Today, I participated in a Virtually Connecting session featuring some great folks, including Jess Mitchell, one of the keynote speakers from this year’s Open Education conference in Niagara Falls. I was so struck by her answer to a question by Hal Plotkin about what assessment could look like from an “open” perspective that I transcribed her comments so I could mull them over more closely. Here’s what she said:
“Assessment is one of the lines where we determine the Haves and Have Nots, where we can change the trajectory of somebody’s life because of the way we are assessing. I want us to have a pit in our stomach about the possibility that our assessments are getting it wrong. That’s what I’m talking about. The Line. Our tolerance for false positives– less than our tolerance for false negatives…
I want us to have those conversations and I want us to talk about what does it actually mean to assess? What are learning outcomes? And how do we do this in a way that, yes, it can be measured….
I worry that people have an over fondness for data and they treat it as though it’s a pure mountain stream. But what I often say is mountain streams have a lot of crap in them; don’t drink from the mountain stream! And data can have a lot of crap in it, too: how it’s collected, who is interpreting it, what they’re doing with the interpretation of it, what we’ve come to rely on as a “bang for your buck most people.” All of these are very dangerous. We see this manifesting in areas like artificial intelligence and machine learning. We see that when you are part of a marginalized group, you’re not going to be the bang for the buck, you’re never going to be the big numbers.
It points to our failures in assessment, because our failures in assessment are us absolving ourselves of what is very hard. We don’t measure the hard things. So we measure the easy things, and what you measure is what you value, we know that, so what are we measuring? We’re measuring admissions; we’re measuring retention; we’re measuring graduation; we’re measuring in a micro form the regurgitation of information…
Again Jesse and Sean get at some of this in their book on critical digital pedagogy. How are we measuring love of learning? Somebody comes along and says, “I love these two different topics and I want to figure out a way to combine them.” Like, “I love music and I love chemistry.” Where can these two meet? We have been so silly, thinking of the world in these boxes. And the absence of boxes doesn’t mean nothingness, and it doesn’t mean that we have no idea what we’re going to do. The absence of the boxes means we’re free and we can learn so much more and do so much more.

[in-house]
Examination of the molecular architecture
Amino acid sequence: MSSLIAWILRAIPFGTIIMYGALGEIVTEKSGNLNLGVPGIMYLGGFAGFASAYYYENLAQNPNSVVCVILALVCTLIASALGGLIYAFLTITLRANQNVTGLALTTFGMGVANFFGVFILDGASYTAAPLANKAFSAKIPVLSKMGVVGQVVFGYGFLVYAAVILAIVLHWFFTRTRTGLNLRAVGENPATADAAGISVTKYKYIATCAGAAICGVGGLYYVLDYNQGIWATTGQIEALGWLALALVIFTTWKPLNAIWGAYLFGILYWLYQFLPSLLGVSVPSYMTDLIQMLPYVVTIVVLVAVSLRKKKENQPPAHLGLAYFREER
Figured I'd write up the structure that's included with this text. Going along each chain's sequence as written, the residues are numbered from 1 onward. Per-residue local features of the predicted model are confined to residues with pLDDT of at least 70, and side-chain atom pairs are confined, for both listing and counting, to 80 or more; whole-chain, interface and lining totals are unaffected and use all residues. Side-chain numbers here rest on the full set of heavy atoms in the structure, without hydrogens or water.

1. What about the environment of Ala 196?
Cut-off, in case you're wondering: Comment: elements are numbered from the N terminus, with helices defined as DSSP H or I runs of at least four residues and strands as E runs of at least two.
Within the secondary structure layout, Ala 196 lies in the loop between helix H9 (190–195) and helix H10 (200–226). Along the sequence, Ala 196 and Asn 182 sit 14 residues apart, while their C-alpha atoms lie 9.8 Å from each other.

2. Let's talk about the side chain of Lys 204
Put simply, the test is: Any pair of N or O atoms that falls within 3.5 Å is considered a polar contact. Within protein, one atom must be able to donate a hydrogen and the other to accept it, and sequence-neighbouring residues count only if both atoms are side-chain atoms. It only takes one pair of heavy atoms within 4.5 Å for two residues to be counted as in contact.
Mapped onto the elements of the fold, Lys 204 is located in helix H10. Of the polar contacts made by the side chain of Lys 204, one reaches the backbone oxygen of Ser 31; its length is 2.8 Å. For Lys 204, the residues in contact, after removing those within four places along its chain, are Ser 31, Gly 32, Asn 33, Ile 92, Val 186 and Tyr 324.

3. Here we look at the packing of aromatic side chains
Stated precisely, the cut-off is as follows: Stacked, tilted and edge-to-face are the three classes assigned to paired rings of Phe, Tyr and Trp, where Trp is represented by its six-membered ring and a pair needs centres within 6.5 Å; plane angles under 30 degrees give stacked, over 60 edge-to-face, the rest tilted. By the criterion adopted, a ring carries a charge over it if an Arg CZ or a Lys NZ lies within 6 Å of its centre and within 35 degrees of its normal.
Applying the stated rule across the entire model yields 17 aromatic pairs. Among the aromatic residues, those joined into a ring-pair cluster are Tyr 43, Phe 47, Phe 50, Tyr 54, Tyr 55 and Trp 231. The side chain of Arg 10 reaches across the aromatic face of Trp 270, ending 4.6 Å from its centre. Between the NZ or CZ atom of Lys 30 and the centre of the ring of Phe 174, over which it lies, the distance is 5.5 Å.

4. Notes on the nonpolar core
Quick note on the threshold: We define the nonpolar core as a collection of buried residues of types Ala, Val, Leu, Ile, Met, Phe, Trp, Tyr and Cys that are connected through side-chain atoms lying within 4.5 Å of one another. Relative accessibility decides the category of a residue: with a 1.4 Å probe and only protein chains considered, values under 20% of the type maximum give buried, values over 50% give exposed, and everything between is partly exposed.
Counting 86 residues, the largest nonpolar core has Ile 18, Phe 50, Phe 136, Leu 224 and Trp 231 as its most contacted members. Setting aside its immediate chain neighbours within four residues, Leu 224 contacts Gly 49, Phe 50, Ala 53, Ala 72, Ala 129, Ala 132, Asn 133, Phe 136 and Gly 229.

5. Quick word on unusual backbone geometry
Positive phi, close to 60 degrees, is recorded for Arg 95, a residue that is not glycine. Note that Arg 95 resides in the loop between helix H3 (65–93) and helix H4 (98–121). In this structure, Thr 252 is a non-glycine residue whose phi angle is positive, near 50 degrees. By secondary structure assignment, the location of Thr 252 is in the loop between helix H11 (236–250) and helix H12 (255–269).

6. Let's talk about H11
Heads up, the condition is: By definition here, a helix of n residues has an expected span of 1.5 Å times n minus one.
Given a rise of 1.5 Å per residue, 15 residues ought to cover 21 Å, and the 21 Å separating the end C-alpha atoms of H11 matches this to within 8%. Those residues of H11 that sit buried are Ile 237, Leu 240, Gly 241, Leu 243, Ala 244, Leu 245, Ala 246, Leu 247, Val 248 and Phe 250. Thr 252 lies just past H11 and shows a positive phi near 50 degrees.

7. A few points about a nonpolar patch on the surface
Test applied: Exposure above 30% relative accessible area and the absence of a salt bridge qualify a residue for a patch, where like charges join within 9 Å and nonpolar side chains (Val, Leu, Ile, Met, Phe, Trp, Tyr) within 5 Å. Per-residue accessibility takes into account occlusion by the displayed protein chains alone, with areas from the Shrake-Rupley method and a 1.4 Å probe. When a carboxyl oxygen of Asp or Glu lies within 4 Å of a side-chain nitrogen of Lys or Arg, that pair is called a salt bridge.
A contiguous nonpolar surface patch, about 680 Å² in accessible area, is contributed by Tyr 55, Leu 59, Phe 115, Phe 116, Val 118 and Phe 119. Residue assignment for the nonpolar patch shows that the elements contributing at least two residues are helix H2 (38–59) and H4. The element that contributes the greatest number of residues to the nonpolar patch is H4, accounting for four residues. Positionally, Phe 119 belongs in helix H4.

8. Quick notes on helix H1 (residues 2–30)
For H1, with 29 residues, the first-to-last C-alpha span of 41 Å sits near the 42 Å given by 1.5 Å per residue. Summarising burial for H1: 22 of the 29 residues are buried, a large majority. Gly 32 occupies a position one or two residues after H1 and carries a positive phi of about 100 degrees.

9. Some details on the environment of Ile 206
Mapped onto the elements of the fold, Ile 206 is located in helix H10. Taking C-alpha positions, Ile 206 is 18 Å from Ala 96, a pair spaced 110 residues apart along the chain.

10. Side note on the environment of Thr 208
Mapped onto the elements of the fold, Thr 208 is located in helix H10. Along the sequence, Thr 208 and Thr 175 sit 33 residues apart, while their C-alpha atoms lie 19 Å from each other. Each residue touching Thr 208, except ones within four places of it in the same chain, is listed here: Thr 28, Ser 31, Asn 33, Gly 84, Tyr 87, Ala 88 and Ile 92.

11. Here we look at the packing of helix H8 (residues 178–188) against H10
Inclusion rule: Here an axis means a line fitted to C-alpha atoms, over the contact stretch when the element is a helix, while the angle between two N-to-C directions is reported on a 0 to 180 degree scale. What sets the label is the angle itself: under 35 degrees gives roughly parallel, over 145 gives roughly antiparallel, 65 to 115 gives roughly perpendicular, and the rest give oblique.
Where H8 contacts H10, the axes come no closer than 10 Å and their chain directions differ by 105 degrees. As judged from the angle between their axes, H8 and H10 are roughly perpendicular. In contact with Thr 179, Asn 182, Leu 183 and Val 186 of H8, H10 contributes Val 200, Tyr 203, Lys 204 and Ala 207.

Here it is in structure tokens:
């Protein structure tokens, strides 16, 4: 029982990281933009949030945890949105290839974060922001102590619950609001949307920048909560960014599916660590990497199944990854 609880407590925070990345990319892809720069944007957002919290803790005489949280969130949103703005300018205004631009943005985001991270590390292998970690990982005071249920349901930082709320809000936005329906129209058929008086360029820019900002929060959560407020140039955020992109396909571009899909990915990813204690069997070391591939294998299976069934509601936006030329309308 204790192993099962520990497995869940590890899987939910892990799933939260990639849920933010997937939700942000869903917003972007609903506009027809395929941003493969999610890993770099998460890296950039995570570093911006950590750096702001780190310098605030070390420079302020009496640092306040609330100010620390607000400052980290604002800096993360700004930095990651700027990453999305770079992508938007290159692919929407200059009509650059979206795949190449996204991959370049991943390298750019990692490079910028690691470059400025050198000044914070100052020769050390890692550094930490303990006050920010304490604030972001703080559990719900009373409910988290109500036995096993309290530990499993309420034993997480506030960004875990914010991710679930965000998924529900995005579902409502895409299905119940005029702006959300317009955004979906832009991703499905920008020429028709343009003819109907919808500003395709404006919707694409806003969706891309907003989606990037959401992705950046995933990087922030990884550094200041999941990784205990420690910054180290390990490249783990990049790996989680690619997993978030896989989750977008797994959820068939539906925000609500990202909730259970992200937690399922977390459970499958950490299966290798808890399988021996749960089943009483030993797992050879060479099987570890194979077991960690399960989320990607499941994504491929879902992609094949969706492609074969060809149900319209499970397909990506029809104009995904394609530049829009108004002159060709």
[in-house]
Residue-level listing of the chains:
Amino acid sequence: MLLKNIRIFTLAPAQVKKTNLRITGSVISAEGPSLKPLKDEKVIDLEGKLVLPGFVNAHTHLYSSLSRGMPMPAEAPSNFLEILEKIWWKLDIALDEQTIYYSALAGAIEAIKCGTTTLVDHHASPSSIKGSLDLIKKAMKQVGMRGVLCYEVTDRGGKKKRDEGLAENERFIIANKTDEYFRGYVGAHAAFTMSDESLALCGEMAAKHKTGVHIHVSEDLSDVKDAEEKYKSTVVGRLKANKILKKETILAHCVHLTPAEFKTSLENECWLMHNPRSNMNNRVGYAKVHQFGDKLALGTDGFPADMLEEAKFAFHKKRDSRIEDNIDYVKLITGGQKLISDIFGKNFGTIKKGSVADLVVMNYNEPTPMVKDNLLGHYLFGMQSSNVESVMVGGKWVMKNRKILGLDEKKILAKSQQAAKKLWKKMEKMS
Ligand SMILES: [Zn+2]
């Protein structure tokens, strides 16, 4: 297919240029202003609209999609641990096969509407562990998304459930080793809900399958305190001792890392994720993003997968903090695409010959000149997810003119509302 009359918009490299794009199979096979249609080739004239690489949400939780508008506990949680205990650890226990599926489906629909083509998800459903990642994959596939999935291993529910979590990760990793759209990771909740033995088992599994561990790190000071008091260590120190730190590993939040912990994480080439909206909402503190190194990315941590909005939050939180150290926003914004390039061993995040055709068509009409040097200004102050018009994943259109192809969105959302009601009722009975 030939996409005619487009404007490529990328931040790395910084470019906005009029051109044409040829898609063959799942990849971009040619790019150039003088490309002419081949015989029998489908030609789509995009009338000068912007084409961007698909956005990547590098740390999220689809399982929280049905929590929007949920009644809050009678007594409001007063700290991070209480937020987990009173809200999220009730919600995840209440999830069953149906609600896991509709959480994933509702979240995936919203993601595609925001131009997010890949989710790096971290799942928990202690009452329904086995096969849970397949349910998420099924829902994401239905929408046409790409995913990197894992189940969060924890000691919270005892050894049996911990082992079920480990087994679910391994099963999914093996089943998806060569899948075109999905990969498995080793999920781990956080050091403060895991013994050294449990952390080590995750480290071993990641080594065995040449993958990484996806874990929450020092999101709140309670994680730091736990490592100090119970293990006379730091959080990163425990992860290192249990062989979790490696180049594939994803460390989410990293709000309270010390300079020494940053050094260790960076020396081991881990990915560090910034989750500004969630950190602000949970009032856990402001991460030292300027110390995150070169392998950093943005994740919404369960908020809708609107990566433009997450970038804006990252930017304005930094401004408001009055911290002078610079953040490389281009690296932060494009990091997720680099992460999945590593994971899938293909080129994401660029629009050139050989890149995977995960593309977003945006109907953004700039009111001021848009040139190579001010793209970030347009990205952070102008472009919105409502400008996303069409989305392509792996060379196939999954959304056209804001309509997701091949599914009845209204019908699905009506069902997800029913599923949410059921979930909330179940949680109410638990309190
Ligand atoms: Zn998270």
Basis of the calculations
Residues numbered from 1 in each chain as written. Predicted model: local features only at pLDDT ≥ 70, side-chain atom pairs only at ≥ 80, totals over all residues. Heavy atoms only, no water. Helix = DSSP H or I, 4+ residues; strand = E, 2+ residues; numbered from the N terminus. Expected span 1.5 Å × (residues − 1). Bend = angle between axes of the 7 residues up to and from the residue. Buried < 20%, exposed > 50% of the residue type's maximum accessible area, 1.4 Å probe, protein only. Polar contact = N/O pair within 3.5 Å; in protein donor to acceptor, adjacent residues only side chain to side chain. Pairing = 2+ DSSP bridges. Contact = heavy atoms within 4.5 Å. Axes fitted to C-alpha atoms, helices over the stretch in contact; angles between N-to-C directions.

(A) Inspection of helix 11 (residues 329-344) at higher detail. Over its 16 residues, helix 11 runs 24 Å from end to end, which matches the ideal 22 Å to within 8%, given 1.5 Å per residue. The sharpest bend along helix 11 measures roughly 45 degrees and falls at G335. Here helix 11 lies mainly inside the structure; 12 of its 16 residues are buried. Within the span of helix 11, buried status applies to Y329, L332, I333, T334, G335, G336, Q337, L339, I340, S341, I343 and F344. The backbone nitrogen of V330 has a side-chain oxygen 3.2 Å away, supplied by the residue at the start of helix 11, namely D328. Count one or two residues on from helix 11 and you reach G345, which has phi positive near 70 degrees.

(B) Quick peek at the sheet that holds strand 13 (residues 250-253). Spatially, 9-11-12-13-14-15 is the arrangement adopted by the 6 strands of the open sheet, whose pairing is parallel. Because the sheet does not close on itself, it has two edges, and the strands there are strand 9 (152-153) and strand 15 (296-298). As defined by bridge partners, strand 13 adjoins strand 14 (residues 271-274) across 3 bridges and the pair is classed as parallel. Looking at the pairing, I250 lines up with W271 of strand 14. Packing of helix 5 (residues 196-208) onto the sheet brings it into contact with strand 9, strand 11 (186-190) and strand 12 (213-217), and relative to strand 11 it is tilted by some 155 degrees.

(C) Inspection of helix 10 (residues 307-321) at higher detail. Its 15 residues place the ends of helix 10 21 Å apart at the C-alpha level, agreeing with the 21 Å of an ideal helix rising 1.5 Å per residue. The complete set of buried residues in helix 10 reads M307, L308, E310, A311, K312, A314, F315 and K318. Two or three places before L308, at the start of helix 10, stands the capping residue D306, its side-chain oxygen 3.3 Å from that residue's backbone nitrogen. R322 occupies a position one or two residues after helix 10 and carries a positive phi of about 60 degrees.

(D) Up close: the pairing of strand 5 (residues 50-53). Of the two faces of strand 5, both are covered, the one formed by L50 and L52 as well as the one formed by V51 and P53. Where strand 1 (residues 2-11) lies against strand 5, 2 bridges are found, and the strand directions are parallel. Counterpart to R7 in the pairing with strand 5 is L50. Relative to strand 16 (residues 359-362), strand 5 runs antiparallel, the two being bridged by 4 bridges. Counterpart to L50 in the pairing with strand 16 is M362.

I look at something like in healthcare. There’s a scorpion– I think it’s from Israel, somewhere in the Middle East– its venom can illuminate cancer cells so that when you’re resecting tumors, you can know whether or not you got all the cells. Who on earth went out there into the desert and said, “You know what I’m going to do? I’m gonna to try to get this venom out of this scorpion, and I’m gonna sprinkle it on some cancer cells!” It is magic! But it’s science, too.
I think that our fondness for data and are our lack of criticality about data: there’s a fondness for science but a lack of understanding of what science is. Science is trying to prove the no, trying to prove it doesn’t work. So what I love about science is it asks the other question, not the “this is my assumption and I’m going to try to prove that,” but how do I disprove my assumption.”
Watch it here:
5 thoughts on “Open Assessment: The Parable of the Scorpion, with Jess Mitchell”
Thank you so much for this Robin, having this transcribed allows us to reflect more on this. I happened to be at the back of the room having walked in just before this. I need to take time to watch the rest of the session this weekend.
Yes, we need to bring these discussions out in the open.
Yes, we grade what is easy to grade and what we grade is a signal to what we value.
But we *do* value what is not easy to measure and we need to make that core to our learning experiences and not just give those values a hand waving of how important social skills, ethics, citizenship are to our teaching.
But so many of us point to those being planned activities “in other courses” or thrown in as the “required activity” during the semester that our administration mandates in our classroom once per semester.
Perhaps my institution is ahead of the curve even requiring that in our curriculum of all classes but I know that even we need to give more thought, discussion and action.
This was a ramble but I wanted to get more thoughts down that didn’t fit in a tweet.
“we grade what is easy to grade and what we grade is a signal to what we value.”
I agree so much to this.
The most important is also the most difficult to measure.
A grade in ‘professional behavior” with one decimal behind the comma/point. What’s the validity of that fake accuracy? None, imho.
Thanks for sharing this, Robin. I struggle with this more and more as I move from focusing on delivering content to focusing on facilitating growth. “We don’t measure the hard things. So we measure the easy things, and what you measure is what you value” resonates with me.